'GATEMOUTH' BROWN WITH GATE'S EXPRESS
Brown - guitar, fiddle
Clarence "Gatemouth" Brown's music doesn't elude categories. It embraces them. "Jazz, blues, bluegrass, zydeco, cajun and calypso all fit into his panoramic worldview." Gate is a multi-instrumentalist (guitar, violin, harmonica, piano, mandolin, viola and drums), but perhaps the most impressive aspect of his music is its variety.
Brown started crossing boundaries -- both musical and geographical -- at a very young age. He was born in 1924 in Vinton, Louisiana and raised in Orange, Texas. He learned guitar and fiddle from his father, a strong multiinstru- mentalist who taught his son to play Texas fiddle music, traditional French tunes and even polkas. Gate began his professional career at the age of 21 as a drummer in San Antonio.
In 1947, Gate was in the audience at the Golden Peacock nightclub in Houston, when famed guitarist T-Bone Walker took sick and dropped his guitar onto the stage in the middle of a number. Gate leaped to the stage, picked up Walker's axe and laid into one of his own tunes, "Gatemouth Boogie." T-Bone was not amused by the young upstart, but the crowd went wild, tossing $600 at Brown's feet in fifteen minutes.
That stunt also got the attention of the club's owner, a Houston businessman named Don Robey. Robey hired Gate to play the club and eventually became his manager. He teamed Gate with a swinging 23-piece orchestra and booked him into venues across the South and Southwest. Gate made his first records for Hollywood's Alladin Records in 1947. When Alladin's promotion and release schedules didn't live up to expectations, Robey founded Peacock Records as an outlet for Gate's music. Dozens of Brown's records, including "Okie Dokie Stomp," "Boogie Rambler," "Just Before Dawn" and "Dirty Work At The Crossroads," became big hits. Beginning with Gate's hits, in a few years Peacock grew to become a major independent r&b record label, with an artist roster that included stars like Bobby "Blue" Bland, Junior Parker and Joe Hinton.
In the '60s, Gate moved to Nashville. There he recorded a series of country singles. In the late sixties, Gate moved to New Mexico and became a deputy sheriff. It wasn't long, however, before he was drawn to Europe by a newly developing blues audience there. In 1971, he travelled to France for his debut tour of that country. During the '70s he toured Europe nearly a dozen times and recorded a total of nine European albums. The best cuts from three of those albums were later released in the U.S. by Alligator Records as PRESSURE COOKER, which received a Grammy nomination for Best Blues Recording in 1986.
In the mid-'70s, Gate became a spokesperson for American music, participating in a U.S. State Department sponsored tour of Eastern Africa, which included dates in Botswana, Lesotho, Zambia, Tanzania, Madagascar, Kenya, Sudan and Egypt. He became a fixture at the Montreux Jazz Festival in the late '70s, and in 1979 he toured the Soviet Union.
Back in the States, he moved to New Orleans in the late '70s and signed a contract with Jim Bateman's Real Records of Bogalusa, Louisiana, which resulted in the 1978 release of his first American album, BLACKJACK, on the Music Is Medicine label. An appearance on the PBS-TV series "Austin City Limits" soon followed. In 1979, he teamed up with country music star Roy Clark for an MCA album, MAKIN' MUSIC, which led to an appearance on the syndicated television program, "Hee Haw," and another appearance on "Austin City Limits." More albums and television appearances followed, as well as a "Best Blues Recording" followed, in 1982 for ALRIGHT AGAIN! Gate also won his first W.C. Handy Award in 1982 for "Instrumetalist of the Year." He came away from the '86 Handy's with his thrid award, "Instrumentalist of the Year." Also in 1986, Alligator released their first LP of Gate, the Grammy.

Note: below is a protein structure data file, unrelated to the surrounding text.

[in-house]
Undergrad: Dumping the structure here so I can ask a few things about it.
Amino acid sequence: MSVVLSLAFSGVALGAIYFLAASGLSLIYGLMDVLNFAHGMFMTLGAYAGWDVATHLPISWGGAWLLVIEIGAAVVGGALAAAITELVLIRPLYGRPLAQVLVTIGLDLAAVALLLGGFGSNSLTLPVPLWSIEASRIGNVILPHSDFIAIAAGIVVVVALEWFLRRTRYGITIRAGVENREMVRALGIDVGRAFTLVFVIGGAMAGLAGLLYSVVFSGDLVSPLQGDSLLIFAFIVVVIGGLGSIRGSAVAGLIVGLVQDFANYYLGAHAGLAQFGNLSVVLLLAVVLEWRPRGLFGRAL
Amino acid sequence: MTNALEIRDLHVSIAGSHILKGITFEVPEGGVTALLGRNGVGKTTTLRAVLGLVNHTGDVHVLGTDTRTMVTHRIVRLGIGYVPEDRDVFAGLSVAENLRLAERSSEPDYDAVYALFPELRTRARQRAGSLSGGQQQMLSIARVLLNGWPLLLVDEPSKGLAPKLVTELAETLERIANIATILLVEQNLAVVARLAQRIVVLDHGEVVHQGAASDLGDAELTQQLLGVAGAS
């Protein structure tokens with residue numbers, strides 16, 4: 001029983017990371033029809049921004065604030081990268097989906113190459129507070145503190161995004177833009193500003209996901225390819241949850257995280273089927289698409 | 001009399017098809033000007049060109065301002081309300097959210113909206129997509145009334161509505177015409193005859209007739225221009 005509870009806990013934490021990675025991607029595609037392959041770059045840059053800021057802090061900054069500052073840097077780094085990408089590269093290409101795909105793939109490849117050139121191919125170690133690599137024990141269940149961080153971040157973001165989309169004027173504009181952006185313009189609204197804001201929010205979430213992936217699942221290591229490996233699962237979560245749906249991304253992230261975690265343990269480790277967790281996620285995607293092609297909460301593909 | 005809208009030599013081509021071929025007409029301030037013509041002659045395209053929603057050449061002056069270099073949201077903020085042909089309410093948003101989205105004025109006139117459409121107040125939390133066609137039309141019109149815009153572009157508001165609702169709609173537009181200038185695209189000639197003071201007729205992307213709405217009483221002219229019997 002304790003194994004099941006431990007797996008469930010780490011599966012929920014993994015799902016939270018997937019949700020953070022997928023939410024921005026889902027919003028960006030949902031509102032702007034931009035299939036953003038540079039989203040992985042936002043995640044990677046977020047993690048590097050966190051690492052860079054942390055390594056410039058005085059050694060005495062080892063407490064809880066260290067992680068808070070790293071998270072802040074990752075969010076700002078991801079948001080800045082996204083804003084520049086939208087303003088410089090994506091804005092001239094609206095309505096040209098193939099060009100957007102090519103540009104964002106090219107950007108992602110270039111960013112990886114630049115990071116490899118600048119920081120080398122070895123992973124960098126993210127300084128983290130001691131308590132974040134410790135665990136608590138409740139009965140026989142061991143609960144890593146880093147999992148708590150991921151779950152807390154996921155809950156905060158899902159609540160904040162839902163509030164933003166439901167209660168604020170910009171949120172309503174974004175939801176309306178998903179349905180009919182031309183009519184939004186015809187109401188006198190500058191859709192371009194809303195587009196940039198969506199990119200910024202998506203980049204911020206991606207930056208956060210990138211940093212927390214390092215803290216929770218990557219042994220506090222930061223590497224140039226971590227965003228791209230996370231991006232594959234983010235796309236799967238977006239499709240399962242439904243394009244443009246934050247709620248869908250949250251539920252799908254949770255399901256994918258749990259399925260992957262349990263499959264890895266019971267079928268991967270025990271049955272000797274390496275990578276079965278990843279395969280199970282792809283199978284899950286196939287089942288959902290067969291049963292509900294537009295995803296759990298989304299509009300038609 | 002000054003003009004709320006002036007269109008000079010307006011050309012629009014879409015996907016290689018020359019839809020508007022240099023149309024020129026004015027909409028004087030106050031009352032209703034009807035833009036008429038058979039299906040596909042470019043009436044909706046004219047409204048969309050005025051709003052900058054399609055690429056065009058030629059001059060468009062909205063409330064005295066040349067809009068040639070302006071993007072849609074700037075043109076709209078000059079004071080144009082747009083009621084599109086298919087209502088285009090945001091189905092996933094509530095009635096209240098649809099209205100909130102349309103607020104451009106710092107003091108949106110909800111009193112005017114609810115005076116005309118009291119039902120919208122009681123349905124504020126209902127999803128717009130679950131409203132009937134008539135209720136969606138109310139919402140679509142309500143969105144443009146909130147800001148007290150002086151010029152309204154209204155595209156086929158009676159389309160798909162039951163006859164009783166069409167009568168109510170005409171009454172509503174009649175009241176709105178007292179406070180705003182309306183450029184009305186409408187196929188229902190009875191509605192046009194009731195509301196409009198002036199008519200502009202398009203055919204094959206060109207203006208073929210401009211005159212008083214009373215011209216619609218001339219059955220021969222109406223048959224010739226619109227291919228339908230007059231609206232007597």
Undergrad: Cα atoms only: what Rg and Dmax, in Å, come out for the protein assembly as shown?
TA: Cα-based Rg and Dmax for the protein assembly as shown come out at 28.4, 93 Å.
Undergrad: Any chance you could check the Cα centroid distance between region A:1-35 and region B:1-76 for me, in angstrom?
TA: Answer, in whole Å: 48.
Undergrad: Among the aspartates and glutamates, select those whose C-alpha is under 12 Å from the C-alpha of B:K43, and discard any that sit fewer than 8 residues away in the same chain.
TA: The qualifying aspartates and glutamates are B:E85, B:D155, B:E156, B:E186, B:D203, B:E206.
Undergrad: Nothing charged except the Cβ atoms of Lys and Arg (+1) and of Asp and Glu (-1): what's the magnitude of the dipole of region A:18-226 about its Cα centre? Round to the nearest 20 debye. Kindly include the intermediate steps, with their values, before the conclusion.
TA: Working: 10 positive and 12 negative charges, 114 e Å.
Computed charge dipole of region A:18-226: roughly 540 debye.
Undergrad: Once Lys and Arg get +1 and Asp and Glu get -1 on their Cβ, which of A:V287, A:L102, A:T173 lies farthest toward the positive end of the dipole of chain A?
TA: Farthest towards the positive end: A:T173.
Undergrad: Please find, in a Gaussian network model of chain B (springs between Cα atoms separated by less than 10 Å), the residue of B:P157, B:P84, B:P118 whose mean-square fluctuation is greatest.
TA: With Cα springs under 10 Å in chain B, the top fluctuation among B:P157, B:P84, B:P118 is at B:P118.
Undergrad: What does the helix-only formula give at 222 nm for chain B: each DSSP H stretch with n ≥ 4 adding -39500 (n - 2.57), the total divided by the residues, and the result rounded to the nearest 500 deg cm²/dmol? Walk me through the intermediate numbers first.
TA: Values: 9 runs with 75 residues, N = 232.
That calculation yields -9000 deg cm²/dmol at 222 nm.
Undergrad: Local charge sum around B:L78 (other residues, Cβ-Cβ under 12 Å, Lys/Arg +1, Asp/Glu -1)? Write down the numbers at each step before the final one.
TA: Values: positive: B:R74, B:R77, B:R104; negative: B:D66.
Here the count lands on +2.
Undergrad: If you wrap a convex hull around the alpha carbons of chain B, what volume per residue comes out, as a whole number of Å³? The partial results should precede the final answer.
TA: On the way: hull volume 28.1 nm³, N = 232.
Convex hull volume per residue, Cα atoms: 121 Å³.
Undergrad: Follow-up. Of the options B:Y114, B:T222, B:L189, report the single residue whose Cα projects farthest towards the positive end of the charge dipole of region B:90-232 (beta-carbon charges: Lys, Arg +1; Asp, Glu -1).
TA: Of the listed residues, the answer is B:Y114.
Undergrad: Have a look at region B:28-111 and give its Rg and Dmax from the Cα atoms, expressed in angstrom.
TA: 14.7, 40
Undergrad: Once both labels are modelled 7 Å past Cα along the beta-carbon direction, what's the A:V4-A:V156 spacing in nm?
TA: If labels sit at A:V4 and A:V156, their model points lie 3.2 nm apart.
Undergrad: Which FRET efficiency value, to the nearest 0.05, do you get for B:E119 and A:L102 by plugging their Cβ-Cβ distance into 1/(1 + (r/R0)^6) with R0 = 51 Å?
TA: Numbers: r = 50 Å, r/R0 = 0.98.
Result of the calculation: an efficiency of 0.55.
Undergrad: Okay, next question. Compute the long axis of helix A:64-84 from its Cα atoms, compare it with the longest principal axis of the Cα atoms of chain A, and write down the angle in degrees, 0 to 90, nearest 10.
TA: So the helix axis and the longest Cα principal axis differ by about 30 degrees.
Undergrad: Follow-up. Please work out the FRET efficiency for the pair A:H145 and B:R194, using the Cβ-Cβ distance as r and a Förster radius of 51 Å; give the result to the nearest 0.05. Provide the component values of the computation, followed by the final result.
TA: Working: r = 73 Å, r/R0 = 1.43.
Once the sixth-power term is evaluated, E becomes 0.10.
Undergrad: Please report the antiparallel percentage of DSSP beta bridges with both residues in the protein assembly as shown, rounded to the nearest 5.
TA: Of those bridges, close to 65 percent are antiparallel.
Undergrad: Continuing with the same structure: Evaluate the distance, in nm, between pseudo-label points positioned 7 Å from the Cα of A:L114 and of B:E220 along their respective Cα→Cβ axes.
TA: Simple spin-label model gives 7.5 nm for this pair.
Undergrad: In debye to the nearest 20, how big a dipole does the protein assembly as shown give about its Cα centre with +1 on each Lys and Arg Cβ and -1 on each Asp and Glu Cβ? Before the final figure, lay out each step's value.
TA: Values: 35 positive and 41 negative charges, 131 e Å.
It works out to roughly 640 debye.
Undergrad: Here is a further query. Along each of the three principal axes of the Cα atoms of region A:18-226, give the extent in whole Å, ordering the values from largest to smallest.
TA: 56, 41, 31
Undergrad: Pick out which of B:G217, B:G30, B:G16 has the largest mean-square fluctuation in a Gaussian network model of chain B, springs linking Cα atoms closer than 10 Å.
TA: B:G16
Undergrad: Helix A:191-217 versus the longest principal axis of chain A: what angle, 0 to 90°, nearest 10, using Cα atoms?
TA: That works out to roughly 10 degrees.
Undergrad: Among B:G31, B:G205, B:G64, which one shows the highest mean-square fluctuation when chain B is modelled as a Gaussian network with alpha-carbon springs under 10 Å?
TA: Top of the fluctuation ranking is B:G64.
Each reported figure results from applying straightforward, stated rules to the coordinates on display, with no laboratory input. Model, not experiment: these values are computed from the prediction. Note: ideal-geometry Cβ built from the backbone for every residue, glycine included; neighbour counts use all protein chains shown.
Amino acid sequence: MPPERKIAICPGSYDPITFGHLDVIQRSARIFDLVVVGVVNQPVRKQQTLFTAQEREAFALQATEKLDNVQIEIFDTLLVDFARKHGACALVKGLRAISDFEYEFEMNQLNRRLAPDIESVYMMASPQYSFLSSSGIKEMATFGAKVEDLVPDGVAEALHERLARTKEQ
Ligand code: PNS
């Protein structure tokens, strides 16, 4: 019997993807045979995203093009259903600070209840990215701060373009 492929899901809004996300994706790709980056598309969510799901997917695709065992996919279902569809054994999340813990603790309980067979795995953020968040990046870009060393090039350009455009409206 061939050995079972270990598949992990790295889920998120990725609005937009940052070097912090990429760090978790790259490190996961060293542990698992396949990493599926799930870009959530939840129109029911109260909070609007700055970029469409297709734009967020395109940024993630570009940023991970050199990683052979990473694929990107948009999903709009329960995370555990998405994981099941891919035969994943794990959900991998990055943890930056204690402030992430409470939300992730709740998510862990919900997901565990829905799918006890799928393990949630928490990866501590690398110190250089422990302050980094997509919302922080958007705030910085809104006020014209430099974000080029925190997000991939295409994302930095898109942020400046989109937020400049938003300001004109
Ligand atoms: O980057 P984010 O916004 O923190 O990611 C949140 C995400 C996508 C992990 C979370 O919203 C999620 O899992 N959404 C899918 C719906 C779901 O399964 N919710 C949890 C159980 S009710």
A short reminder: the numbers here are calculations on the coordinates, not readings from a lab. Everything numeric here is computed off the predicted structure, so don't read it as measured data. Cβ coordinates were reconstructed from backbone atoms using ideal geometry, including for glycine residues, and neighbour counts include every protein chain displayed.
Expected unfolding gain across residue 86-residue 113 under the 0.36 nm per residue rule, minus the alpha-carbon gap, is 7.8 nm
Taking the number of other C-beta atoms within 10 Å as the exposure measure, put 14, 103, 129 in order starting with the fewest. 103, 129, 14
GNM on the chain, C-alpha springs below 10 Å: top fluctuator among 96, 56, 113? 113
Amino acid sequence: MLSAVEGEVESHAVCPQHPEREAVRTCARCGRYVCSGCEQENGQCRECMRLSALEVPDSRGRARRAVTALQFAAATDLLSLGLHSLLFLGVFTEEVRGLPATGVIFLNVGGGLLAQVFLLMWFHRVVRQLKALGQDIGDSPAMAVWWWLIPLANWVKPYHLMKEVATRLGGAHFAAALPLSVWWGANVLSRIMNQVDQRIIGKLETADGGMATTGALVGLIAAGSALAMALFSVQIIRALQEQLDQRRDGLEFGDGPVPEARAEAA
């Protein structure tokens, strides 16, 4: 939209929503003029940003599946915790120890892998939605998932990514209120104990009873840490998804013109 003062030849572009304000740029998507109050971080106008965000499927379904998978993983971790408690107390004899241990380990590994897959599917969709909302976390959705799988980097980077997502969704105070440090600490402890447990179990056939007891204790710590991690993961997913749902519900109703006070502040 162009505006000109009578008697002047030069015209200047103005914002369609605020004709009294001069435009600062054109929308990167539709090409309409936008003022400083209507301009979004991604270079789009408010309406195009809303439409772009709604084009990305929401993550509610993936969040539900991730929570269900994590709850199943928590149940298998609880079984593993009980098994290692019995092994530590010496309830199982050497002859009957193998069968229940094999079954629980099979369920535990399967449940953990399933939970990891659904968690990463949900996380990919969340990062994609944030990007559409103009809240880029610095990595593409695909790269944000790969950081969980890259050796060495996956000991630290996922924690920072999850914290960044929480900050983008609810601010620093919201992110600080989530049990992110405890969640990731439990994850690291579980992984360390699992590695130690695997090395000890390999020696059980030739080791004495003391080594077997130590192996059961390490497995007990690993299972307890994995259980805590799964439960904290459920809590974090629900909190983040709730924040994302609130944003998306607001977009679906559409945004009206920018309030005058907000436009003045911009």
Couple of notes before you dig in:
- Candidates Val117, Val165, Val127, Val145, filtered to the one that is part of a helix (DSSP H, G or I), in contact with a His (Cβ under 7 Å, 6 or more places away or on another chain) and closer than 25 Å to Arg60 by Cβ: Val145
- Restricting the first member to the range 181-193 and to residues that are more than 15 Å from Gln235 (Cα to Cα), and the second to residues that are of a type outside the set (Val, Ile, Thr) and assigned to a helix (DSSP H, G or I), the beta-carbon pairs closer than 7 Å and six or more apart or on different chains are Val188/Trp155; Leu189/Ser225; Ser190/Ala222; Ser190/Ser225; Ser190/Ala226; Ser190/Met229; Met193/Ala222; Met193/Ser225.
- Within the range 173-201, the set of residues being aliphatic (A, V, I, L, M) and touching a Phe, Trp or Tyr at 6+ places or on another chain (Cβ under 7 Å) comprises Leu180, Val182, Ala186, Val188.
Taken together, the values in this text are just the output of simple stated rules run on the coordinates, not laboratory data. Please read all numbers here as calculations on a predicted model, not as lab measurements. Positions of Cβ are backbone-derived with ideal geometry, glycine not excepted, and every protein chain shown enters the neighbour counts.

In 1981, Real Records took a Gatemouth Brown master tape to Rounder Records, who released the recording as ALRIGHT AGAIN!. That album won the Grammy for "Best Blues Recording of 1982" and was named "Album of the Year" by the German Record Critic's Poll. Gate also won his first W.C. Handy Award in '82 for "Instrumentalist of the Year." A second Rounder Records release, ONE MORE MILE, and a re-issue of THE ORIGINAL PEACOCK RECORDINGS followed in 1983. That same year he won another Handy Award when he was voted "Entertainer of the Year." Gate had two releases in 1986, Rounder's REAL LIFE and Alligator's Grammy-nominated PRESSURE COOKER. He came away from the '86 Handys with his third award, "Instrumentalist of the Year."
In the last few years, Gate has continued his hectic touring schedule with performances across the U.S. as well as debut appearances in New Zealand and Australia. Although the last American Ambassador was expelled from Nicaragua in 1988, Gate decided to proceed with a visit to that country and Honduras on a tour sponsored by the U.S. State Department. When asked by a New York Times reporter to explain his tours to such politically tense areas as Central America, Africa and the Soviet Union, Brown replied, "People can't come to me, so I go to them."
knack for blending the various American music forms -- jazz, blues, bluegrass,
country, swing, funk and zydeco -- coupled with his determination to bring
his music to audiences around the world have brought him praise from fans
and the international media alike. Newsweek called him "a virtuoso
talent." He is singularly qualified as a spokesperson for American
music. After all, his performances -- whether live or recorded -- are,
as The Washington Post put it, "as rich
from ALLIGATOR RECORDS)
here for all